Do you run a startup and you need a sure system to get clients on board? If YES, here are 17 smart tips to creating a highly effective onboarding process. Client onboarding is the process of receiving a new client into your startup business. It’s your opportunity to build a relationship with your new client, orient them, address their concerns, bring the client up to speed on your business, and generally start the project on the right footing.
If your onboarding process was successful, the client would feel properly integrated into the system. Retaining the clients that come to you makes good business sense because it costs five times more to attract a new client than to keep the one you already have. The best way to keep clients is to make it easy for them to work with you from the first day of your relationship by implementing a solid but simple client onboarding process.
Table of Content
- Why Create an Onboarding System for your Clients?
- It creates less churn
- It makes you more efficient
- It helps to reduce scope creep
- It makes for happier clients
- It helps to bring more clients
- Ensures compliance
- Helps in client retention
- 1. Do your research
- 2. Select and educate your team
- 3. Give personalized welcome
- 4. Administer a client onboarding questionnaire
- 5. Assign the client to a team
- 6. Show your customer around
- 7. Schedule a client kickoff meeting
- 8. Provide a welcome package
- 9. Rely on automation
- 10. Set your goals and milestones
- 11. Be always willing to assist
- 12. Send useful content
- 13. Spot bottlenecks
- 14. Make changes
- 15. Flaunt your success stories
- 16. Follow up regularly
- 17. Have a 30-day check-up call
Why Create an Onboarding System for your Clients?
Creating a system for onboarding clients is one of the most important aspects of your business. This is the first time that you are making an impression on a client, and you ought to do it well. If your client onboarding process is disorganized, it would leave your clients confused and make it hard for you to retain them. An uncomplicated customer experience from start to finish is a surefire way to get great referrals from your clients to build your new business.
Though some people may ask that you set a length of time to accomplish your onboarding program, but you should know that setting a timing can be a bit complex, as the timing of your onboarding process would depend on the type and complexity of the business you run. Your client journey should cover all the touchpoints that take a client from awareness to engagement and purchase of your product or service.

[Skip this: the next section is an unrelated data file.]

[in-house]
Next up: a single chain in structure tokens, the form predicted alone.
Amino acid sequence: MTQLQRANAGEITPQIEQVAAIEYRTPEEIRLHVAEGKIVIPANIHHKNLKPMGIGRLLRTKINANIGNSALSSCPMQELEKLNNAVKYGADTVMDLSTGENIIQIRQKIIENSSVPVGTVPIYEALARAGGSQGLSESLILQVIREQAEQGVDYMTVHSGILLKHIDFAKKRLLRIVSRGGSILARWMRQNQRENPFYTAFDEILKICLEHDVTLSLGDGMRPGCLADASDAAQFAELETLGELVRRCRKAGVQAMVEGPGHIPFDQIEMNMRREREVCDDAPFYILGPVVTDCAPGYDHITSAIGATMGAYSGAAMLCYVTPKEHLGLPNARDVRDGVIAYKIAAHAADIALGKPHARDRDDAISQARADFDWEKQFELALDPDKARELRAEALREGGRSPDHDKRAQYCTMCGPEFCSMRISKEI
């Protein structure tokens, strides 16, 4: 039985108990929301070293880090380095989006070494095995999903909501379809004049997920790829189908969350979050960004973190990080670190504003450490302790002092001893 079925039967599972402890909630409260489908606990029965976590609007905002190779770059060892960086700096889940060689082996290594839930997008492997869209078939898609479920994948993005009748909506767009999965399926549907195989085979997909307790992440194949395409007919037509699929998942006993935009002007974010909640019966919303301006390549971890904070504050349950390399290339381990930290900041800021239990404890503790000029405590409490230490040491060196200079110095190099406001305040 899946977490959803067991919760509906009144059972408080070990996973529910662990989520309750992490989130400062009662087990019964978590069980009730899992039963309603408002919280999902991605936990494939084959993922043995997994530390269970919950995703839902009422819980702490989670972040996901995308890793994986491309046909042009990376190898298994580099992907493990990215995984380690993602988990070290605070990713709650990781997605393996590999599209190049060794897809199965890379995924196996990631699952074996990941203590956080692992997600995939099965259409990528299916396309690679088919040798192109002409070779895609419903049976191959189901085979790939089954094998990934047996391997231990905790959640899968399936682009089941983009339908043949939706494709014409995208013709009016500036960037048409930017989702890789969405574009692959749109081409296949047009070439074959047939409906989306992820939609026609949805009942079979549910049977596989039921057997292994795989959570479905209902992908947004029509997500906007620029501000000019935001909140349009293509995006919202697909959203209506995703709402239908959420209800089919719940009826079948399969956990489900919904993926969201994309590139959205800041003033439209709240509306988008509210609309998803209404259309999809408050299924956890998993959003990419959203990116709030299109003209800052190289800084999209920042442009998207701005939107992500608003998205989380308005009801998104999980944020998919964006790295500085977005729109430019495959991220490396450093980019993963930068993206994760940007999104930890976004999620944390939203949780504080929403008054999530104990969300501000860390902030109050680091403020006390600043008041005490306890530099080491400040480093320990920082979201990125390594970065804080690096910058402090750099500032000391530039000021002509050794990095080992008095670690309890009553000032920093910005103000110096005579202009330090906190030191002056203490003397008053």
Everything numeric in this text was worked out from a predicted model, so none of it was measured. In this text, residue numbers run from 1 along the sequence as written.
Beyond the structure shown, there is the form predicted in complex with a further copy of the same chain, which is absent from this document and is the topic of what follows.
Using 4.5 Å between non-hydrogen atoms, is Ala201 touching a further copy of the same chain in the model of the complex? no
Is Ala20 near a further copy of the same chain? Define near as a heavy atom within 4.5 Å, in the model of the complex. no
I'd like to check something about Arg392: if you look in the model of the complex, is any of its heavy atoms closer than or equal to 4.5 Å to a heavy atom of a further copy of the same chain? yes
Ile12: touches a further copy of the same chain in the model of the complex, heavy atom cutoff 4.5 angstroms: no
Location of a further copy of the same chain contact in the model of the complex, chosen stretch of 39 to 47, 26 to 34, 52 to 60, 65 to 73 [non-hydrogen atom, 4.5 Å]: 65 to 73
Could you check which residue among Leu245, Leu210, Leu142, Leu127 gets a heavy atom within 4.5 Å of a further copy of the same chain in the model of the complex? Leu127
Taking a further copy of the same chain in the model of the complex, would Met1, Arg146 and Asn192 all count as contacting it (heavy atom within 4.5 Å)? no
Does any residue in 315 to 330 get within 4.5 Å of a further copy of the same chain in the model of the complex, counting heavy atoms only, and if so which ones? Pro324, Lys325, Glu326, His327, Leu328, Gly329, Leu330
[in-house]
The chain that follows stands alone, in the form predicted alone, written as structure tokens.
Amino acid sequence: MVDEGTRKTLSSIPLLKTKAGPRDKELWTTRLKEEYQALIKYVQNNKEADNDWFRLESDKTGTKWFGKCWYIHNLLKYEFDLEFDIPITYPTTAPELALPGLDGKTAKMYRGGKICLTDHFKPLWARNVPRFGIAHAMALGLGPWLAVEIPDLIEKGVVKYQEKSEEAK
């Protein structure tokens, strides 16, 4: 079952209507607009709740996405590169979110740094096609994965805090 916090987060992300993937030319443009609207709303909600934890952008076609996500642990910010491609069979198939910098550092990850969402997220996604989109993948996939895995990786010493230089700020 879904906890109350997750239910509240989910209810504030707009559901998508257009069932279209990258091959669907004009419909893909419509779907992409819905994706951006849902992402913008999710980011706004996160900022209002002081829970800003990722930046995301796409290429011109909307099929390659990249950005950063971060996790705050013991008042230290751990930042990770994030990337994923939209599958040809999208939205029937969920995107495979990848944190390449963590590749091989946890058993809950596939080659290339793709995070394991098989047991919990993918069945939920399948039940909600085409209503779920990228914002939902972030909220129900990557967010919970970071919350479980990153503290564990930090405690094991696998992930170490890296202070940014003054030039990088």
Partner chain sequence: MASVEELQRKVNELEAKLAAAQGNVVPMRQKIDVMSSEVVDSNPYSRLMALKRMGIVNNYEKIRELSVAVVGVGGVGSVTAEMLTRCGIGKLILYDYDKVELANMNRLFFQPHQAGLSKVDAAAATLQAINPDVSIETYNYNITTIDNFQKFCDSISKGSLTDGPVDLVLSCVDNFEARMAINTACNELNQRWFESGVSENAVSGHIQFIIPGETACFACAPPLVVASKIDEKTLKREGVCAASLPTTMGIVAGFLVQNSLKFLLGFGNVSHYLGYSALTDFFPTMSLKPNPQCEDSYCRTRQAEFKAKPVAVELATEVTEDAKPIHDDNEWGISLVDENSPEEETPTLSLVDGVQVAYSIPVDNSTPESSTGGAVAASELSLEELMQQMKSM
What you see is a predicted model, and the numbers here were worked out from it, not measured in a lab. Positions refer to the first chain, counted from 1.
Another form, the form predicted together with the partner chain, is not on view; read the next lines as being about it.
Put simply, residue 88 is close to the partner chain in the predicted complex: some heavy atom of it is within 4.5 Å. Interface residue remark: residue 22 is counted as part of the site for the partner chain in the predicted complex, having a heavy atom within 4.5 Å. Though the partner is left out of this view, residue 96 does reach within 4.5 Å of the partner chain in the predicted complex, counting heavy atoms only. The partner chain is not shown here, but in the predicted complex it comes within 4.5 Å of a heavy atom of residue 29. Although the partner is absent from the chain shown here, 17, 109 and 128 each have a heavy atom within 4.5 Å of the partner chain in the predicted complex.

Why You Need to Carry Out Proper Client Onboarding
A poor client onboarding experience will make your clients feel like they have made the wrong decision and this may ultimately cause them to leave your service. But if done well, the onboarding experience can have a profound impact on your business. These are some of the reasons why client onboarding is very important for your startup business.
It creates less churn
Clients tend to be fickle, and the least complication or displeasure can make them take off. It has been noted that clients are at high risk of churning in the first 90 days. If you can build a relationship and demonstrate value early on, they’re more likely to stick with you. Thoughtful onboarding keeps clients with you because you are an empathetic partner in how they define their own success.
It makes you more efficient
If your client onboarding process is repeatable and simplified, you’ll create efficiencies and be able to scale your business.
It helps to reduce scope creep
If you can set expectations and set out modalities to handle scope creep during your onboarding, you’ll run into less situations where scope creep arises.
It makes for happier clients
If your client onboarding exercise kicks off on the right foot, it would make your clients happier as navigating through your service would be much easier for them.
It helps to bring more clients
If you can get your clients excited about your product or service early on, you have a much better chance at a good relationships, upsells and referrals down the track.
This varies by industry but when you have a repeatable onboarding process, you can ensure that the legal side of signing a new client is taken care of.
Helps in client retention
Client retention is measured by churn rate, or the amount of subscribers who discontinue service after a certain period of time. Churn rate is industry and product dependent and it is measured monthly, quarterly, or yearly. The norm is an annual rate, but companies that price on a monthly basis like gyms, mobile phone service providers, and SaaS tend to review churn rate by the month. If your clients are effectively brought onboard, they are less likely to leave.
17 Smart Tips to Creating a Highly Effective Client Onboarding Process for your Startup
The key to a good customer onboarding program is to guide your customers as frictionlessly as possible to their first success with your company. This initial experience will set the tone for the rest of your customer’s lifespan. But before your customers can be properly onboarded, you need to lay out the framework and develop the content of your online customer onboarding program.
Client onboarding begins once you have assurance from a client that they would like to take on your services. Note that this process can be changed at any time to further improve your efficiency. Creating an onboarding program doesn’t have to be a stress-filled endeavor.
Here are steps that project managers, customer success managers and learning and development professionals can take to create and launch a customer onboarding program for customers or channel partners.